DR BILLY GRAHAM, the American evangelist, celebrates his 90th birthday today. He has been preaching for more than 60 years, and has addressed an estimated 215 million people at rallies all over the world. Countless millions have heard him on radio and watched him on television.
The success of an eight-week tent mission in Los Angeles in 1949 led to the foundation of the Billy Graham Evangelistic Association (BGEA) in 1950. Of the 41 crusades the evangelist subsequently led all over the world, 20 were to the UK, beginning with a landmark event at Harringay Stadium in 1954.
Maurice Rowlandson, an Englishman who met Dr Graham at a Youth for Christ rally in Westminster Chapel in 1948, was invited to become a BGEA associate, as part of what was simply known as “The Team”. He was involved in organising all 20 UK rallies. He is still in almost daily touch with the evangelist. It was Dr Graham’s dynamism that marked him out, he remembers.
“He wasn’t flamboyant like so many of them were. He and two of his colleagues had spent six months in England from 1946 to ’47, lived in private homes and preached in small churches, and got to understand the English people,” he said on Tuesday. “I often get asked by people: ‘Is he genuine?’ I never had any doubts about that at all.”
Quintessential humility, graciousness, and a threefold loyalty had been the enduring factors, Mr Rowlandson said. “He is very loyal to all his staff, and every single member of his team is still with him now. Likewise our loyalty to him, and, third, the loyalty of both him and us to the Lord. He never diversified into other areas of doctrine or theology. He never preached on healing or tongues. He just preached the gospel.”
Mr Graham, who was married for 64 years to his late wife, Ruth, had never been discredited by the type of personal scandal that had brought down other notable preachers, because he had set out the ground rules right at the start of his ministry, Mr Rowlandson said.
“He would never allow himself to be in a car or anywhere with a lady who was not his wife,” he said. He recalled how even when his own American-born wife, Marilyn, had driven to London Airport to meet Dr Graham in her husband’s stead, he allowed her only to take the bags, while he himself took a taxi.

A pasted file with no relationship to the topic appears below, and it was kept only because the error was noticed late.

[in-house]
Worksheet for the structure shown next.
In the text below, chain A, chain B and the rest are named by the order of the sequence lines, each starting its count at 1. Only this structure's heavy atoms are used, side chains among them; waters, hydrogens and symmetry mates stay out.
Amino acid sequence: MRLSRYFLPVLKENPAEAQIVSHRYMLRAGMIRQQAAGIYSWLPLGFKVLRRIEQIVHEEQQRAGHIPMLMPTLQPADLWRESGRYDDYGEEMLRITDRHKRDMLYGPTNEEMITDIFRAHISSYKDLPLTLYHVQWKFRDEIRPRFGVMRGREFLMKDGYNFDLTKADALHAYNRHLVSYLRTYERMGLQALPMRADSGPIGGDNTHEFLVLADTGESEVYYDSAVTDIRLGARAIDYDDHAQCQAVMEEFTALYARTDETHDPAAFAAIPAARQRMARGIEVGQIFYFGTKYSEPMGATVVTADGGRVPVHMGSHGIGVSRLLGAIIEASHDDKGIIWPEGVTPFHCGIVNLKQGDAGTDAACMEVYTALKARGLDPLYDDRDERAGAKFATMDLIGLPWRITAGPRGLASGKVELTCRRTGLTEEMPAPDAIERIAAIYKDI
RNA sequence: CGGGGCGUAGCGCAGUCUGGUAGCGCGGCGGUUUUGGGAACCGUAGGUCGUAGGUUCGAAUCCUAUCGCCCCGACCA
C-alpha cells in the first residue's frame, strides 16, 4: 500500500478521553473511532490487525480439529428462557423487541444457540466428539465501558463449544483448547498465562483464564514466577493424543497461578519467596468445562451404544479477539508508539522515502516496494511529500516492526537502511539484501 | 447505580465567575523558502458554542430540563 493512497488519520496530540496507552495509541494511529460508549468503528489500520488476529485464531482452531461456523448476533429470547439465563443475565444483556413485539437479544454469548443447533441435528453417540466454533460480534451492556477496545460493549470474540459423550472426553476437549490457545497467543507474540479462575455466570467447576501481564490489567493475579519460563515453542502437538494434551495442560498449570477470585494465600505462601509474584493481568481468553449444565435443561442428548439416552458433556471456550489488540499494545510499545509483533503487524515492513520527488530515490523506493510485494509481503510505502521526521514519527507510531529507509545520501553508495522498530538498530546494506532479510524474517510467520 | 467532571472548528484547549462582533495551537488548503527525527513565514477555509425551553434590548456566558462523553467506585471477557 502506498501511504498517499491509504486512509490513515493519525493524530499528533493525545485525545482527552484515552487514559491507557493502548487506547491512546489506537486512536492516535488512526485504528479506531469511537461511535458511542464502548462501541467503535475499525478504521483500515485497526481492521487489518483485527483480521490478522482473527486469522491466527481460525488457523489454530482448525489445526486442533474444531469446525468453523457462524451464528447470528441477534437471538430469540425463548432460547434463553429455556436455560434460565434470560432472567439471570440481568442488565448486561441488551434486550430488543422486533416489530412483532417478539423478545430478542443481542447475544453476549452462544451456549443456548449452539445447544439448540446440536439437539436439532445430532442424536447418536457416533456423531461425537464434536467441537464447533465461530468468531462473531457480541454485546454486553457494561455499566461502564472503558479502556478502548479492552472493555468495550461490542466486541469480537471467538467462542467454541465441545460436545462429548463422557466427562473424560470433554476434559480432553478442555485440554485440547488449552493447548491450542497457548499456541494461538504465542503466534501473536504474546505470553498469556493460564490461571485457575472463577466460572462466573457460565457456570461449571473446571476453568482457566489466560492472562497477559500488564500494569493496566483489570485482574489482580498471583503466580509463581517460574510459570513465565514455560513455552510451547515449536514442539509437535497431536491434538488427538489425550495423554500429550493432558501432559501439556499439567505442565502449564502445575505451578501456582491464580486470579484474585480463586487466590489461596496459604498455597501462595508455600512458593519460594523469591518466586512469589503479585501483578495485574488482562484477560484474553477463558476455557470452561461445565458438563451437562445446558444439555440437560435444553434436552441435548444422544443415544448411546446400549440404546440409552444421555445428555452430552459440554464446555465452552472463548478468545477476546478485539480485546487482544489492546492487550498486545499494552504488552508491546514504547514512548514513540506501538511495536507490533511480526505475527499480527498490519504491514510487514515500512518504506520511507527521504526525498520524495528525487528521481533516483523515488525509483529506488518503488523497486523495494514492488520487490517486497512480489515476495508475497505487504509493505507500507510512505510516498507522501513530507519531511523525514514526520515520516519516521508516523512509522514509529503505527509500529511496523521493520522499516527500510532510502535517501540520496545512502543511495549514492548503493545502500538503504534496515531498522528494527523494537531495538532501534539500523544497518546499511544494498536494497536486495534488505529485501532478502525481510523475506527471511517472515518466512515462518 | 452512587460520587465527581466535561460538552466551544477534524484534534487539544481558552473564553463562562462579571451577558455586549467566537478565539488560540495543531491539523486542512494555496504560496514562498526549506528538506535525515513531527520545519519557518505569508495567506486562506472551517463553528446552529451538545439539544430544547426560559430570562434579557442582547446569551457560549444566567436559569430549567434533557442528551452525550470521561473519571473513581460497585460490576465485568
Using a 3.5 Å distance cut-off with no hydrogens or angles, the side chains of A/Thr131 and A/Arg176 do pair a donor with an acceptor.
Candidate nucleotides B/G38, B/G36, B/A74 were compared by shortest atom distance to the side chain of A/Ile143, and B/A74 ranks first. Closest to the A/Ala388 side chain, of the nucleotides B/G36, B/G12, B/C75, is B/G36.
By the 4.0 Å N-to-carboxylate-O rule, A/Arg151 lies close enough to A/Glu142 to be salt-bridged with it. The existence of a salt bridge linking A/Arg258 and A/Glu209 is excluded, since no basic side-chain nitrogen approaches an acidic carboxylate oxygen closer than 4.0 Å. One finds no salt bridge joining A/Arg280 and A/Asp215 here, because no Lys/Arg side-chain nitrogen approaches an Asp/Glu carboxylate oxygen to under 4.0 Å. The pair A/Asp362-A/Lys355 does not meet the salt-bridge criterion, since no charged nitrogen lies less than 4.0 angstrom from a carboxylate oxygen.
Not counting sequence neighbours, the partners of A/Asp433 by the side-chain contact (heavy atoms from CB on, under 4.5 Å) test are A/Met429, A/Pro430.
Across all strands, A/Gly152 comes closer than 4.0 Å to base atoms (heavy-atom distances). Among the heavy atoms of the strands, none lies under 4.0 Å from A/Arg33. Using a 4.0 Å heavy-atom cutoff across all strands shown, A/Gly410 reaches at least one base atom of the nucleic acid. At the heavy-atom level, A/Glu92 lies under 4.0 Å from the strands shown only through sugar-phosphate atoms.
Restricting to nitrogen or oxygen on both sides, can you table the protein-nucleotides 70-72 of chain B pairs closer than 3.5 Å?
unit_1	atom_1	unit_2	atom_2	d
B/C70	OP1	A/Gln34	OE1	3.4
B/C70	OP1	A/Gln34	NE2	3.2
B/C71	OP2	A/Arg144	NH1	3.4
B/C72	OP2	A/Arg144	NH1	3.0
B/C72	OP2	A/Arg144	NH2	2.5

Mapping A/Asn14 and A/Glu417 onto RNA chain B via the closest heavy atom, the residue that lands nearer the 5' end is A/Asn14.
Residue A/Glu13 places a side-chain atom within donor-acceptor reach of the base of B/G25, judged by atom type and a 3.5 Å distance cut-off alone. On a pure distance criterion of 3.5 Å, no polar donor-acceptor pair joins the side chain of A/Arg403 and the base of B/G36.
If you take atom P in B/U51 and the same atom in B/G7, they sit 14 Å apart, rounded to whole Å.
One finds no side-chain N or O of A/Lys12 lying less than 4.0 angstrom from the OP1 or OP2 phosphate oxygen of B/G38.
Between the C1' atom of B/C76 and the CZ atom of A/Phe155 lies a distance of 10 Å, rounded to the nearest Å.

Mr Rowlandson, chief steward at Harringay, said that for 12 weeks, the first crusade had become a way of life every night except Sundays. “Harringay seated 13,000 people. When they discovered we were a reliable crowd, they allowed us to sit people on the steps; and then they allowed people to sit on both sides of the steps, and then to stand around the back — so, by the time the end came, we were getting 15,000 in,” he remembered. “There was never an empty seat.”
The impact was the same 30 years later in 1984, at a crusade in Bristol held after a gap of more than ten years. “We didn’t know whether anybody would come, or, if they did, whether anybody would respond to his invitation,” Mr Rowlandson remembered. “But it was amazing. Every seat was full. It was really unbelievable. When he got to the invitation, there was a deathly hush, and silence, and no one moved. And then the stream suddenly started, and it just poured down.”
Dr Graham has had Parkinson’s disease for the past 15 years, and is very frail, Mr Rowlandson says, though Dr Graham’s mind is still alert. “He hasn’t been well for most of his life.”
Mr Rowlandson recalled Dr Graham’s arrival in Bristol with a bout of laryngitis. There had been a dilemma about a preaching engagement and an operation.
“The surgeon came down, and said he could operate on Saturday morning at the Royal Masonic Hospital. ‘No, please,’ I said. ‘Anywhere but that.’ The surgeon said: ‘Sorry, that’s the only hospital I work at.’ I said: ‘Do you know, that’ll be good for 300 letters . . .’ and it was. People went round saying Billy Graham was a Mason. It was crazy.”
American colleagues at BGEA told Mr Rowlandson, who spoke to the Church Times this week from hospital: “When you work with us, we employ you 365 days a year, 24 hours a day, and any time that’s left over is your own.” Such is Dr Graham’s continuing inspiration that Mr Rowlandson says, with an undimmed enthusiasm: “I’ve lived my whole life like that.”
BGEA has received a large response to an invitation to those whose lives have been touched by Dr Graham to send in personal stories and birthday greetings. These are being combined into books, which are to be presented to him at a tribute dinner with family and friends later this month.
“My father is a humble man, who would never expect to be honoured,” said his son, Franklin Graham, president and chief executive of BGEA. “We urge all those who made a commitment to Jesus through my father’s ministry to share your story or simple greeting, as nothing could uplift him more on this special day.”